There is a growing realisation that the Airbus A380 programme may have been short lived: with first deliveries of the aircraft type in October 2007, the industry was surprised to note the first A380 retirement in August 2017 – not one full decade later and well short of the expected 20 to 30 year life span of a commercial aircraft. Did the initial retirement, the subsequent retirement of three more examples, and the impact of Covid-19 sound the death knell for the A380 programme?
According to IBA.iQ, as of 1st of August, 2020, Emirates has a fleet of 247 passenger aircraft that consist of 132 Boeing 777 family aircraft and 115 A380 family aircraft. The A380 represents 47% of the overall fleet size, at an average of 6.3 years and the older frames reaching 13 years of age.
In this analysis, IBA explores the utilisation changes in Emirates’ Airbus A380 fleet over the January to July 2019 period versus the January to July 2020 period, with the view that changes in utilisation rates with the largest operator of the aircraft type provide a good indication as to the future of the programme.
Figure 1 above shows the fleet status and utilisation changes of the Emirates A380 fleet for the January to July 2020 period. We note that although 12 of Emirates’ A380s have returned to active service as of 25th July 2020, those aircraft have collectively flown less than 30 flight hours in total. The average daily utilisation for each active aircraft declined from approximately 12.3 hours per day on the 1st January to 2.2 hours on the 31st July, indicating severe under utilisation of the active fleet. For the days which each aircraft was active, the average FH:FC ratio declined from 7.3:1 at the end of July 2019 to 4.3:1 at the end of July 2020.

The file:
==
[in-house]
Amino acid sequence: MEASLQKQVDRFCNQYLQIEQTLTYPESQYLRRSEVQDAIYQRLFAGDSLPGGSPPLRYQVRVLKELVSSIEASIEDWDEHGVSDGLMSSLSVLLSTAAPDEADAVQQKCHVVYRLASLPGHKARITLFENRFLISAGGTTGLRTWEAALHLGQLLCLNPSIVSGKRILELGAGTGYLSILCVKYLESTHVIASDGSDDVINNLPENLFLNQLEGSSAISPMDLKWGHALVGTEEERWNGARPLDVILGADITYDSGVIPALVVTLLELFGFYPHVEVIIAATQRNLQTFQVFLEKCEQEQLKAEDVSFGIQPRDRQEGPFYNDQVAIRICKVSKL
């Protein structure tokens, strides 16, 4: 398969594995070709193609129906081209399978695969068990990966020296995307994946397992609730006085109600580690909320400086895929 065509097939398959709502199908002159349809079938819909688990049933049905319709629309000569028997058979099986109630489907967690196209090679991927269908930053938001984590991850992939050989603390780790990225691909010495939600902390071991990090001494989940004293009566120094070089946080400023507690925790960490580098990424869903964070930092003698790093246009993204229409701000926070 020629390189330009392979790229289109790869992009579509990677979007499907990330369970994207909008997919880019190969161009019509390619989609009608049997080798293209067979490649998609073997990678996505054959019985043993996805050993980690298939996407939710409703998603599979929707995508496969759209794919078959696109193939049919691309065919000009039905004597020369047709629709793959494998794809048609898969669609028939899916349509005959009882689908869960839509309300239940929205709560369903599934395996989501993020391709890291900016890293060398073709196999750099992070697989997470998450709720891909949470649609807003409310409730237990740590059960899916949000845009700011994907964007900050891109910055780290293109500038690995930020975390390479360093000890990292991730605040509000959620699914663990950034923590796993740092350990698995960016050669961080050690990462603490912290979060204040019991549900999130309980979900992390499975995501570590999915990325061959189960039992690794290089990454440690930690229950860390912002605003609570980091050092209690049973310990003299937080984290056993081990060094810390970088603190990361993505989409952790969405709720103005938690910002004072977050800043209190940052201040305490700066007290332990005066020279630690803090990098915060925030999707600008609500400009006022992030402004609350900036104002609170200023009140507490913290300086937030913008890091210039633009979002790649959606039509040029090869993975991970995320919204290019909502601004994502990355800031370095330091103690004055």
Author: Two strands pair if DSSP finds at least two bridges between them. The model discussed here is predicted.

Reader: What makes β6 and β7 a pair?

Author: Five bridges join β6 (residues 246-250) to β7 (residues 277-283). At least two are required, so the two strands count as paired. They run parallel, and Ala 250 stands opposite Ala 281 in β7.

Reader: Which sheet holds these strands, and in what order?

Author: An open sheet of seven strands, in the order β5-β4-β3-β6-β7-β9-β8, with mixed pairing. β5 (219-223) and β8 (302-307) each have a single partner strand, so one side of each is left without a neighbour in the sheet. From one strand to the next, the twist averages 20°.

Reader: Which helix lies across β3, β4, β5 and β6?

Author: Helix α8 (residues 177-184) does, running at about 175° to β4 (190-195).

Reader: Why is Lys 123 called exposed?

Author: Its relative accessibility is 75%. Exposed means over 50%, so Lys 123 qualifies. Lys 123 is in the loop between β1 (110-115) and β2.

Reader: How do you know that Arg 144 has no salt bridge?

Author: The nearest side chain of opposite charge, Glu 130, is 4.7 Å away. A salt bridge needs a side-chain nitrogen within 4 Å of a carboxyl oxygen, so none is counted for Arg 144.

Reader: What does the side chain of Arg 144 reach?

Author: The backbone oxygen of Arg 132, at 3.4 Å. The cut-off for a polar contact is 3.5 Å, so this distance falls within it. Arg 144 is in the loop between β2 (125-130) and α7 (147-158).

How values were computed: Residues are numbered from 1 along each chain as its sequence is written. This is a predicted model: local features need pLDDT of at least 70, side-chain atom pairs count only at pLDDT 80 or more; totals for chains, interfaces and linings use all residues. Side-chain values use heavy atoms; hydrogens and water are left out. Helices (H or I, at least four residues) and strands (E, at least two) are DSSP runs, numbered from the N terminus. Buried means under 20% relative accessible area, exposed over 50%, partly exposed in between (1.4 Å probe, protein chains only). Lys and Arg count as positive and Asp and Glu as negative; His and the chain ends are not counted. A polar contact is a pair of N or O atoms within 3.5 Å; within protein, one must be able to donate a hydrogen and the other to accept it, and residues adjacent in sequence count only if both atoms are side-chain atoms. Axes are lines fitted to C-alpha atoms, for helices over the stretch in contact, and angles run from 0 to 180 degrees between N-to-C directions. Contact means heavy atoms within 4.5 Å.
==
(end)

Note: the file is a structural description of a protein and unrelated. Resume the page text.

In the period from January to July 2020, Emirates conducted 13,449 flights with its fleet of 115 A380s, compared to 34,520 flights conducted over January to July 2019 with 112 A380s, representing a decline of 61% year on year (YoY). Until the end of February 2020 Emirates had flown 6.7% more seats on their A380s fleet than in 2019, however, by the end of March 2020, flown seats declined by 99.9% YoY as the entire A380 fleet was grounded.
Until the end of February 2020, average monthly A380 utilisation remained similar to that of 2019, at approximately 350 FH per month. However, the average daily utilisation for July 2020 declined to 14 FH per month. The A380s were in use at an average of 2.1 days per month in July 2020, compared to an average of 27 days in July 2019.
Between April and June 2020, there were very few noteworthy flights conducted by A380s except for some repatriation flights to London Heathrow in April, in addition to a few repositioning flights for storage/maintenance to Dubai DWC airport.
Replaced by 777